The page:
The British Army today
BBC NEWS | Programmes | Real Story | Hero colonel's war crime misery
On the eve of the invasion in Iraq in March 2003, Colonel Tim Collins seemed to sum up everything the British Army stood for when he told his soldiers in the 1st battalion of the Royal Irish Regiment to be "ferocious in battle but magnanimous in victory."
The rousing speech went around the world, winning admiration from President Bush and Prince Charles.
Two months later he was facing allegations of the mistreatment of Iraqi civilians and prisoners of war.
He fought through the courts to clear his name. Prevented by army regulations from speaking out himself, he had asked the MoD to make it clear that he was not accused of murder. They declined, saying they could not comment on an ongoing investigation.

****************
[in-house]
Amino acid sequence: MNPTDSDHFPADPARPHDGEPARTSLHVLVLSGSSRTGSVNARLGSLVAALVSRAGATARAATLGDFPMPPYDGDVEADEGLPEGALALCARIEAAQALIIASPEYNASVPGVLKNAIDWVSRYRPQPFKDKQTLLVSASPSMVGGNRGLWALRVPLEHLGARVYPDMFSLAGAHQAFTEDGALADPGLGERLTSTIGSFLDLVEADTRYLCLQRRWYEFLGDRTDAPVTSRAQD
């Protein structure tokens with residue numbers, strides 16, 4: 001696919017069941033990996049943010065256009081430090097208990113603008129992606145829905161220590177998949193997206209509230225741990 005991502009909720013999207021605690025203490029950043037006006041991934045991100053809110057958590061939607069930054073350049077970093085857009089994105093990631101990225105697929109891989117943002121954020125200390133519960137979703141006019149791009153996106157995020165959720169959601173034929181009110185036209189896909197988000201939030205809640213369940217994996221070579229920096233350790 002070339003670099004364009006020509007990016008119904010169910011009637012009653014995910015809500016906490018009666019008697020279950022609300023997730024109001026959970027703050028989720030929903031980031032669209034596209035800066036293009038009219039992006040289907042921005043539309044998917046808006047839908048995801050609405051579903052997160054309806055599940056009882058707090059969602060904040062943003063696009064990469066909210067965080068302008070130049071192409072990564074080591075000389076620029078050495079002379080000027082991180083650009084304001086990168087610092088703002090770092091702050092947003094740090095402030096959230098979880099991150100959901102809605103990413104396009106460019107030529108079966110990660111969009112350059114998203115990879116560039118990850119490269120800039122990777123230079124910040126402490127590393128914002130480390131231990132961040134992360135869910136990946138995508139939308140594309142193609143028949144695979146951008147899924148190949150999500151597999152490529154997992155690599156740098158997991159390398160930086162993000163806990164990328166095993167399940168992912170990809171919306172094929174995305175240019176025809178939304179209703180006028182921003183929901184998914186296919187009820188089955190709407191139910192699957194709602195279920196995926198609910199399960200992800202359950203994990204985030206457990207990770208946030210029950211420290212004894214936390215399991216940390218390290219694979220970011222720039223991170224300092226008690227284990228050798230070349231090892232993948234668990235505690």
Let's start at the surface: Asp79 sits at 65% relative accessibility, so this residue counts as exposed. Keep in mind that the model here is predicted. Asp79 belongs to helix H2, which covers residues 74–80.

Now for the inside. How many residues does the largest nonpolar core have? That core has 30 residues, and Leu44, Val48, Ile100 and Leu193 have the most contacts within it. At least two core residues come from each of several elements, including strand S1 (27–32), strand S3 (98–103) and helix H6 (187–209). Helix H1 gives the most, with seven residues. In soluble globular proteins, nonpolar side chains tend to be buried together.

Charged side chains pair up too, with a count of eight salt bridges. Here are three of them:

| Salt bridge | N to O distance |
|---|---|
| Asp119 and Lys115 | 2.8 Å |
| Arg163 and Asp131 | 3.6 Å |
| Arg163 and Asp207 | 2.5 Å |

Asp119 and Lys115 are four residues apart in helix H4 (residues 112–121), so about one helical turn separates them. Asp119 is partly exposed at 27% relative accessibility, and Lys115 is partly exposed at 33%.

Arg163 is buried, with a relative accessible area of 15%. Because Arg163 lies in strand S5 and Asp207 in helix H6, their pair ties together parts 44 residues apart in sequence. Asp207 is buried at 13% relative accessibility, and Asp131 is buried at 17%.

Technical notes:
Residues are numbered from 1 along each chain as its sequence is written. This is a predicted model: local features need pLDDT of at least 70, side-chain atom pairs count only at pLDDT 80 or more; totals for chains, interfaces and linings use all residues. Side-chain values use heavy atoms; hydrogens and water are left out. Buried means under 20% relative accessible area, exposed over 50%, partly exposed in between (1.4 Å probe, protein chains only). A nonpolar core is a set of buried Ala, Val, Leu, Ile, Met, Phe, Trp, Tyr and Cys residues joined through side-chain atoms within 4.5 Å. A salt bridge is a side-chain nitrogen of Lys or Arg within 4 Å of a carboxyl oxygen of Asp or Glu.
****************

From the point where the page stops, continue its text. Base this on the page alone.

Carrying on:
Colonel Collins believes their motives may have been more sinister.
"I know there are individuals in the army who have never been in action, not even a fight in the playground.
"And they are jealous of combat commanders, so maybe there is an element of jealousy. Maybe the fact that I'd risen to prominence without their permission offended them and I needed to be cut down to size."
And the penpushers won - he resigned from the army - what a loss!
Now aged 45, he has just published his controversial autobiography and is in demand as an after-dinner speaker. He also talks of a future television project.
He makes use of being able to talk frankly about the war. A staunch Protestant, he is scathing about the lack of planning to help re-build Iraq.
Eh? What has being a Protestant got to do with it? It is not because - whisper - he is from Ulster is it, that it is relevant? Oh do Catholics just not care about the lack of planning?